Big Ten Icons: Charles Woodson

The look of bemused surprise on Peyton Manning’s face is one of the enduring images of that December evening in 1997. Manning was an All-America quarterback at Tennessee, the fresh-faced, well-spoken son of an All-America quarterback at Mississippi, the older brother of a fresh-faced, well-spoken future All-America Ole Miss quarterback. Given that pedigree, and an undeniably impressive four-year body of work that attracted reams of national publicity, Manning’s coronation as the Heisman Trophy winner was almost a foregone conclusion as the finalists waited out the vote on that Saturday evening at New York’s posh Downtown Athletic Club.

Only this time the voters got it right. They didn’t automatically anoint the star quarterback or the top running back from one of a handful of glamour teams. They chose the best player, based on the irrefutable evidence junior Charles Woodson presented as a lockdown cornerback, big-play receiving threat and dangerous return man for the nation’s best team, the undefeated Michigan Wolverines.

Woodson became the third Heisman winner in Michigan history, joining Tom Harmon and Desmond Howard. Pittsburgh defensive end Hugh Green, who was second to South Carolina running back George Rogers in 1980, had the previous best finish by a defensive player.

Manning, the runner-up by 272 points, was characteristically gracious. So was Woodson, after the shock of being the first Heisman-winning defensive player subsided. “This has opened doors,” he said. “Defensive players can now got out and play their games.”

Woodson was the Ohio prep player of the year as a record-setting running back at Ross High School in Fremont, where he also played basketball and ran track. When he arrived at Michigan, the coaching staff resolved the offense-or-defense dilemma by using him on both sides of the ball. Woodson started at cornerback in his second game as a true freshman and made five interceptions during a 9-4 season in which the Wolverines went 5-3 in the Big Ten and beat Ohio State, but lost to Texas A&M in the Alamo Bowl. Big Ten coaches voted him Freshman of the Year in the conference.

As a sophomore he attracted some All-America notice with another five interceptions and more frequent offensive contributions as a runner and pass receiver: six carries for 152 yards and a touchdown, 13 receptions for 164 yards and a touchdown. Michigan finished 8-4 after a loss to Alabama in the Outback Bowl. Another 5-3 Big Ten campaign included another victory over Ohio State.

Woodson’s junior season was one of the most memorable in Michigan’s storied history. With quarterback Brian Griese in command of a balanced offense and Woodson anchoring a defense that allowed just 9.5 points per game, the Wolverines capped an 11-0 season and an 8-0 Big Ten run with a 20-14 victory over Ohio State. When they beat Washington State and Heisman finalist Ryan Leaf 21-16 in the Rose Bowl, they laid claim to their first national championship since 1948.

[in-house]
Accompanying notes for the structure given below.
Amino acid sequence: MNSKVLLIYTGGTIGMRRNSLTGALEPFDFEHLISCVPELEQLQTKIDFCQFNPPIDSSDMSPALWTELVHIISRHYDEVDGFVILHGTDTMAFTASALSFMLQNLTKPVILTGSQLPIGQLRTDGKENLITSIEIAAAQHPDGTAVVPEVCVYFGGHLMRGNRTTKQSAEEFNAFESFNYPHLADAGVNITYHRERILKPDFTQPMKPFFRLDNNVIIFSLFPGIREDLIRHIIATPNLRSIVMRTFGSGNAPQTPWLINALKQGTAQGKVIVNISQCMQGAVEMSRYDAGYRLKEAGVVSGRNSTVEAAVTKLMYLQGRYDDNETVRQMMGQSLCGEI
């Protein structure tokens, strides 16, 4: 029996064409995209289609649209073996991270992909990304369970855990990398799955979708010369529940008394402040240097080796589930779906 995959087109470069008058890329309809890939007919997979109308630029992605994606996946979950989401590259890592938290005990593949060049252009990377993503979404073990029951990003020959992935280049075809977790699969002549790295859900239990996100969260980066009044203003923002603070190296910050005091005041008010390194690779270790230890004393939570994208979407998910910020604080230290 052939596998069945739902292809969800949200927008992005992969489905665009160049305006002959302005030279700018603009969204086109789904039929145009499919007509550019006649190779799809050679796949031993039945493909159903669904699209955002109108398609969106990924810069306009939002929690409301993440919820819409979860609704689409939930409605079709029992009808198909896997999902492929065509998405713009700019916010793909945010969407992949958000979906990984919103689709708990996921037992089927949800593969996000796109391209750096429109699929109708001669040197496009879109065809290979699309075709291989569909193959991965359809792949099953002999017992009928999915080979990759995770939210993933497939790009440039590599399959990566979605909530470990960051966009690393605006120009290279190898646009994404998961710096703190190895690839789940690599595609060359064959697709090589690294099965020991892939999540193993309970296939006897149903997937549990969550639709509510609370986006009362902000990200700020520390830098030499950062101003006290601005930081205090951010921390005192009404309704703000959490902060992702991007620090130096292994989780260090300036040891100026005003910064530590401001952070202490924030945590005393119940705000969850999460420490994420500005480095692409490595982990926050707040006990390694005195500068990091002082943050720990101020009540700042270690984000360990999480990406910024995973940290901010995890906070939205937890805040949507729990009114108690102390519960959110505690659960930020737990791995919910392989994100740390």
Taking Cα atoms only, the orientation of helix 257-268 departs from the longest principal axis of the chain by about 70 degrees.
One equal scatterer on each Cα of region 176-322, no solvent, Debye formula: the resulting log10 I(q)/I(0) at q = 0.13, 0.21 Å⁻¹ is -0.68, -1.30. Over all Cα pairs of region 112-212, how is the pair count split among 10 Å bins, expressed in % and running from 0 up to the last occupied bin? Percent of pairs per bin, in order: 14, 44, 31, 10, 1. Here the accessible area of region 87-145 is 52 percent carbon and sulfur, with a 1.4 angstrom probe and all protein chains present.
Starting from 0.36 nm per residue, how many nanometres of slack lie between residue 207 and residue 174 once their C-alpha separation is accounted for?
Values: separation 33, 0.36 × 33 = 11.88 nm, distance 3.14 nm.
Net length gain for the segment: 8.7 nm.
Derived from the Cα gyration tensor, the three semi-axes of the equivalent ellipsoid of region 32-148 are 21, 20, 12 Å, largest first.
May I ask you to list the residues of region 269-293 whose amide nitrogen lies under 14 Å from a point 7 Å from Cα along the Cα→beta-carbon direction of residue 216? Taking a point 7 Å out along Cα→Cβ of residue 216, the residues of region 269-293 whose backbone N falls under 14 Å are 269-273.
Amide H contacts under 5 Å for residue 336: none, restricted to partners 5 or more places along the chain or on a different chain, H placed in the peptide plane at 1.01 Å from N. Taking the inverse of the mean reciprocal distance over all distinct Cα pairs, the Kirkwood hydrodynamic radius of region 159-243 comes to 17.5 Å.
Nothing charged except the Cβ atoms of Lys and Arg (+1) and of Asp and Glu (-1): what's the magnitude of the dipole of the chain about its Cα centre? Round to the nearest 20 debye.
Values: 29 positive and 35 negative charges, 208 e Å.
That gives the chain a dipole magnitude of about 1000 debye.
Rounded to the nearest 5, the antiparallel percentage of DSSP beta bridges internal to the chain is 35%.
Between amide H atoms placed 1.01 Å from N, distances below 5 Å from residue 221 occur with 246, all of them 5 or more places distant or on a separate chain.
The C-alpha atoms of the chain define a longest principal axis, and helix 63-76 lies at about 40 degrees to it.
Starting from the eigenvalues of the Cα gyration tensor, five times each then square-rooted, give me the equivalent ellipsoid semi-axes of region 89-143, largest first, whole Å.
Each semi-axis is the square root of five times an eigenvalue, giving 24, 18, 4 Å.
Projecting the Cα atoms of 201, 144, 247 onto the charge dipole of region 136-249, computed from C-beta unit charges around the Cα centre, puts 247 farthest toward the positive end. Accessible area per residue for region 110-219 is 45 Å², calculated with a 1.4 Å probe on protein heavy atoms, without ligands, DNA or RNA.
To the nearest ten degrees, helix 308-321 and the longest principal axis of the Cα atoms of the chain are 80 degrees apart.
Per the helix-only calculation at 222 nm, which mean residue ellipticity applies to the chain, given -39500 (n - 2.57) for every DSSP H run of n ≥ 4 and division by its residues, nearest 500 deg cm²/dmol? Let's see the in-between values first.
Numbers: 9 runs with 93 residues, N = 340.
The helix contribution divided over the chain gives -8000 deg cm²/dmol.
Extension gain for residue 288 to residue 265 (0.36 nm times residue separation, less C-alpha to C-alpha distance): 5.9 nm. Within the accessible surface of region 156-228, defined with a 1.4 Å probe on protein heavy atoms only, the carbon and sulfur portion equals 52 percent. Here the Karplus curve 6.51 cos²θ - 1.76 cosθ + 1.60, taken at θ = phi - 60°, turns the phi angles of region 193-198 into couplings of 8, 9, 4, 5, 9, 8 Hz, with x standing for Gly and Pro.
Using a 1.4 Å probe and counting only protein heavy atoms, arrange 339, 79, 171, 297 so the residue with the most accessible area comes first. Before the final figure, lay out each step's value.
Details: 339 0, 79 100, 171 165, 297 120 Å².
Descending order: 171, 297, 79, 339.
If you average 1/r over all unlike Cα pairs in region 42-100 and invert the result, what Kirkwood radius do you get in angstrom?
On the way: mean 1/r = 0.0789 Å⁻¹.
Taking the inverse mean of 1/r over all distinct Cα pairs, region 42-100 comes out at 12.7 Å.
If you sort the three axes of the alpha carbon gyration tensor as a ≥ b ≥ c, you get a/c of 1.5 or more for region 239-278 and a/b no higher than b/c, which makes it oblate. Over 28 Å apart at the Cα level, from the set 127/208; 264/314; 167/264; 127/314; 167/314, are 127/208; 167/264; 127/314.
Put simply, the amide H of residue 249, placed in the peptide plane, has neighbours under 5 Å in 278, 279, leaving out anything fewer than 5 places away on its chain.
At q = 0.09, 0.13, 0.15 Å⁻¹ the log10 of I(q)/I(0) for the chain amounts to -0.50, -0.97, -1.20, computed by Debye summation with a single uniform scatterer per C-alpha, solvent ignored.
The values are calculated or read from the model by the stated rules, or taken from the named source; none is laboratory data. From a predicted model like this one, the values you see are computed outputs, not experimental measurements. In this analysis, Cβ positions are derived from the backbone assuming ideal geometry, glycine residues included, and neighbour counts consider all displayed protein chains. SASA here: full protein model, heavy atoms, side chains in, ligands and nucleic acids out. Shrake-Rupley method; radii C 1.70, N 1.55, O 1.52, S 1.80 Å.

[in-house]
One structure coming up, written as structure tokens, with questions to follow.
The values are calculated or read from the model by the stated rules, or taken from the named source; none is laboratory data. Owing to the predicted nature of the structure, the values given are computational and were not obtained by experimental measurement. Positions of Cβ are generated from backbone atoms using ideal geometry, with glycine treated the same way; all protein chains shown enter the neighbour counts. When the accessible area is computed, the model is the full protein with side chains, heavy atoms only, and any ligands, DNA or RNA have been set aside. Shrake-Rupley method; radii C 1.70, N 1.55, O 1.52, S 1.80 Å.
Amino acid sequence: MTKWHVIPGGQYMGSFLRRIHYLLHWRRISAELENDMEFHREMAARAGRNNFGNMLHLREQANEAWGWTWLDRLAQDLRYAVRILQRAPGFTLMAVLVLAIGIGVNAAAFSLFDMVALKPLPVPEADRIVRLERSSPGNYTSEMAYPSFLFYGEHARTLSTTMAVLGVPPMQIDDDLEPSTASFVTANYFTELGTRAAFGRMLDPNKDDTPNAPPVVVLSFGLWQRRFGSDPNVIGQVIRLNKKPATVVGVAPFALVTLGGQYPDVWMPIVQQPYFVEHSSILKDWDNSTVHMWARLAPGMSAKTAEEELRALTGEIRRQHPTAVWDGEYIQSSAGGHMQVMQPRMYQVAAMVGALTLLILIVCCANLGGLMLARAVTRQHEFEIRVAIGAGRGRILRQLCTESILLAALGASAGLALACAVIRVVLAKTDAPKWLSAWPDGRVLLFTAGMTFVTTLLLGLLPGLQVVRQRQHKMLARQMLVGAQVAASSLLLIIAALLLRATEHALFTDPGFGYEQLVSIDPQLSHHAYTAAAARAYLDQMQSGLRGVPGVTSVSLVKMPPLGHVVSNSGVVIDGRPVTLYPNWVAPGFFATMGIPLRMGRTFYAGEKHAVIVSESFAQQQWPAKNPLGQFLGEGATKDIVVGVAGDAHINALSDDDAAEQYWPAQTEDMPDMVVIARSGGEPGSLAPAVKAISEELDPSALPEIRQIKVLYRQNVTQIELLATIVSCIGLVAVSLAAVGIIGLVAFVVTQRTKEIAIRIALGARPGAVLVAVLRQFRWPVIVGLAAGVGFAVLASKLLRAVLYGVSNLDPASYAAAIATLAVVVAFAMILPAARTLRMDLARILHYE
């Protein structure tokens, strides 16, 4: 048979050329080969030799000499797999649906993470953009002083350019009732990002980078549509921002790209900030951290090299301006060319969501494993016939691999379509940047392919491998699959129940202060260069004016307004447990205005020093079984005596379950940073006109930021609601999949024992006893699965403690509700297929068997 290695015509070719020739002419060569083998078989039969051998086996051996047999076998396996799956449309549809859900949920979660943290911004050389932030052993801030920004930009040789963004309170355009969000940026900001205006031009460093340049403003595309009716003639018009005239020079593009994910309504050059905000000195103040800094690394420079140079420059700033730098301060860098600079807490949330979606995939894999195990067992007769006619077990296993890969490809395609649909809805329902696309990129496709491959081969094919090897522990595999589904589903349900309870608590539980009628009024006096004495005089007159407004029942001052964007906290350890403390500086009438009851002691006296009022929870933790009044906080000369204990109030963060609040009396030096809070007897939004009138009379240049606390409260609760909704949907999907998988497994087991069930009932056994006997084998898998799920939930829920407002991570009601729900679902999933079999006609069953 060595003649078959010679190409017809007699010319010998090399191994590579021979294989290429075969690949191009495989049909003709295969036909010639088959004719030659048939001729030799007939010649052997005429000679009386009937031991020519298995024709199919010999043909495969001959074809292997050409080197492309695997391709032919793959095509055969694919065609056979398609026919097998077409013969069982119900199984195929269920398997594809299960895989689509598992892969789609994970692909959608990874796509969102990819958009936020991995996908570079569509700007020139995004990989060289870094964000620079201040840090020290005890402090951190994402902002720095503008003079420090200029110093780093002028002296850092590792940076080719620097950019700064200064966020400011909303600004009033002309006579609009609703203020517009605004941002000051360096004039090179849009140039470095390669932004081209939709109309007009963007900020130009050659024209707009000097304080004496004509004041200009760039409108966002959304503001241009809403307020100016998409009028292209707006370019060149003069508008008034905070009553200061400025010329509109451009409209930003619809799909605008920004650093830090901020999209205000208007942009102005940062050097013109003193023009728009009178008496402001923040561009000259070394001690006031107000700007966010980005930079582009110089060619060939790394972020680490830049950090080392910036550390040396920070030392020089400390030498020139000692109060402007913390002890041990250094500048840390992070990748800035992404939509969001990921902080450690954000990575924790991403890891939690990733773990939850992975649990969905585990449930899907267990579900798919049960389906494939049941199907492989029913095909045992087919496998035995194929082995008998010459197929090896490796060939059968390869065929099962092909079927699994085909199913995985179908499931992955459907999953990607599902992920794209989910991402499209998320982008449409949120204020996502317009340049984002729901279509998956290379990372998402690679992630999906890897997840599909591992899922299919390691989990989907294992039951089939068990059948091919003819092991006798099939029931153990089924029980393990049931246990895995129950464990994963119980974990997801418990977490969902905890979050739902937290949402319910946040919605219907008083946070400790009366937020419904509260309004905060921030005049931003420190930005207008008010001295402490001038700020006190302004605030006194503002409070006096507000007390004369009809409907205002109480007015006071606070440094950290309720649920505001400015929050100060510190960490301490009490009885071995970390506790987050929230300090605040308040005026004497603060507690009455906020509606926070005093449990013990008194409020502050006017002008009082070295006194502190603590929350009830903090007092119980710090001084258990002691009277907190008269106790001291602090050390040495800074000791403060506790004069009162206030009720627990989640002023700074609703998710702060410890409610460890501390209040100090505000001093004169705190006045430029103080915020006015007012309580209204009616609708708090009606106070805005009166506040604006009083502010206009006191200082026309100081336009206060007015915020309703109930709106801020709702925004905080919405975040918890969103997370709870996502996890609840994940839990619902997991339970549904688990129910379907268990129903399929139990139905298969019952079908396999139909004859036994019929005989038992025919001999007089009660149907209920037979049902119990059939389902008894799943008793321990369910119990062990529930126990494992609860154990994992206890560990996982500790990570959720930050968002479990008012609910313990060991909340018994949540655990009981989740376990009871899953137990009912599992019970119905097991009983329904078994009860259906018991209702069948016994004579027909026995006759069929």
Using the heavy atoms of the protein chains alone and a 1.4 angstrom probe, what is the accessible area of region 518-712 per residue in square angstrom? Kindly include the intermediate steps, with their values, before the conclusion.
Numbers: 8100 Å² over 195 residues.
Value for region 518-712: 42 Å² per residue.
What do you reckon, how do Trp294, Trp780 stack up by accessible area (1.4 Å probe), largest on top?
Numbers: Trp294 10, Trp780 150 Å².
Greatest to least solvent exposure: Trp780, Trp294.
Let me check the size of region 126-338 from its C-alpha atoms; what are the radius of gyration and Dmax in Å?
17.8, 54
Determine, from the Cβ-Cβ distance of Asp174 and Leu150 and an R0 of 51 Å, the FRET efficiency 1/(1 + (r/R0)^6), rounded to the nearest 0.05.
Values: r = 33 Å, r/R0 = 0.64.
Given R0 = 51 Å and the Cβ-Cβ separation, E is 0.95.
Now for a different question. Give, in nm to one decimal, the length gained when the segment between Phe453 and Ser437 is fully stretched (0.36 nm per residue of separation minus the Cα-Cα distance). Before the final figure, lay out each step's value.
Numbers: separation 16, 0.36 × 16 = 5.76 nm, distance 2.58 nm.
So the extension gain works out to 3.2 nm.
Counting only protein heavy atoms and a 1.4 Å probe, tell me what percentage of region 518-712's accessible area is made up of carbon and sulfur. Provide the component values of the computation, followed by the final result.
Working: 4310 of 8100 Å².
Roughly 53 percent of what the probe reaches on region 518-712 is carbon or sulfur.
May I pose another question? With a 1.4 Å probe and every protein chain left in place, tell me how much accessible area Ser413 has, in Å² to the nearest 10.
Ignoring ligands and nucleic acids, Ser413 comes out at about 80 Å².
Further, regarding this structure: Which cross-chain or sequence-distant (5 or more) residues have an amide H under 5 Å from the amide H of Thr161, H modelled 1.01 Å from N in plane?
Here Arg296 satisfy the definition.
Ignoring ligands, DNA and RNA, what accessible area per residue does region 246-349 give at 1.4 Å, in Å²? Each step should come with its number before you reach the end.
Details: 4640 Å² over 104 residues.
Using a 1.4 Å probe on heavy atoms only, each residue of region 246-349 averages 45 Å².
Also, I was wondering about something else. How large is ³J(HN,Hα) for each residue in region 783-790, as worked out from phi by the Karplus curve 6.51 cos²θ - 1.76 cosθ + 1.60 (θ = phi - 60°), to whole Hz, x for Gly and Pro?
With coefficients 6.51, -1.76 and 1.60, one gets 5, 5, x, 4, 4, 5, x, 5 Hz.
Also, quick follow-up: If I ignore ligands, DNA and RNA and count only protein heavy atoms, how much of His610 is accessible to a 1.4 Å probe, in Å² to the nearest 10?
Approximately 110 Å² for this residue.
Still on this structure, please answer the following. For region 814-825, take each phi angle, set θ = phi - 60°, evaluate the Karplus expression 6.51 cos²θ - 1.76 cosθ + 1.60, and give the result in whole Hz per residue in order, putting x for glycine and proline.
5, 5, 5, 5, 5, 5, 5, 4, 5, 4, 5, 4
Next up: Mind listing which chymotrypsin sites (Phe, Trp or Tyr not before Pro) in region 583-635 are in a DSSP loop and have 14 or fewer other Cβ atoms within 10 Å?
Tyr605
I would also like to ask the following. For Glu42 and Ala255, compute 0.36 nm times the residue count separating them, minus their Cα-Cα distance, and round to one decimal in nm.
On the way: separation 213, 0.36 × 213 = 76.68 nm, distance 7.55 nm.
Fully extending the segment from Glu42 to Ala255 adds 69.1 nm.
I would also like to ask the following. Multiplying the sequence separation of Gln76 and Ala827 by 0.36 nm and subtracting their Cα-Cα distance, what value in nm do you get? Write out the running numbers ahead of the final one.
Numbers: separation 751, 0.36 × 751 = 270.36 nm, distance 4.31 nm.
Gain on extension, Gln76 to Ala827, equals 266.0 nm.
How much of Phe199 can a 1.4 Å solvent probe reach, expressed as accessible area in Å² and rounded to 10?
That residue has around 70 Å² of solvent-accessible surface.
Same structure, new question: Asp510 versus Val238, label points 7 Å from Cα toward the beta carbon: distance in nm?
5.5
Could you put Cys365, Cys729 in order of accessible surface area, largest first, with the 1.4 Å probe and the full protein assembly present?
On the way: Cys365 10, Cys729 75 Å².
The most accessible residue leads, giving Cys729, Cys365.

Woodson, a consensus All-American, was voted Michigan’s MVP by his teammates. He repeated as Big Ten Defensive Player of the Year and was second in the country with eight interceptions, two coming in the Michigan State game and one each against Ohio State and Washington State. Those weren’t his only Heisman credentials. He evoked Desmond Howard’s Heisman-clinching dash with a game-sealing, 78-yard TD punt return against the Buckeyes. He scored on a 33-yard run against Minnesota. He had two catches for 45 yards and a touchdown against Baylor and a 37-yard TD reception against Penn State.

For the season he had nine carries for 167 yards and two touchdowns and 11 receptions for 231 yards and two touchdowns. Simply put, Woodson was the best player on the field in any game he played in that season. Heisman voters weren’t the only ones who noticed. He also received the Bronko Nagurski Award as the nation’s best defensive player and the Jim Thorpe Award as the top defensive back.

“He took his play to another level this year, just like he said he would,” teammate Marcus Ray said.

Woodson has sustained his excellence on the professional level, an All-Pro performer in six of his 12 seasons with the Oakland Raiders and the Green Bay Packers. He was the Associated Press Defensive Player of the Year in 2009, making nine interceptions for the Packers and returning three of them for touchdowns.

His off-the-field contributions are even more meaningful. In addition to funding a $150,000 Michigan scholarship for disadvantaged students from single-parent homes, Woodson donated $2 million to the C.S. Mott Children’s Hospital and Women’s Hospital, part of the University of Michigan Medical System.

“My reason for working so hard has always been to be a part of something great,” Woodson said. “My gift to Mott is to be a part of the great things that are happening there and to help aspiring young doctors do their own outstanding work to help children. I’ve had much to be thankful for in my life and this is an important way for me to show my gratitude. I want other children to have as many reasons as I’ve had to be thankful every day.”

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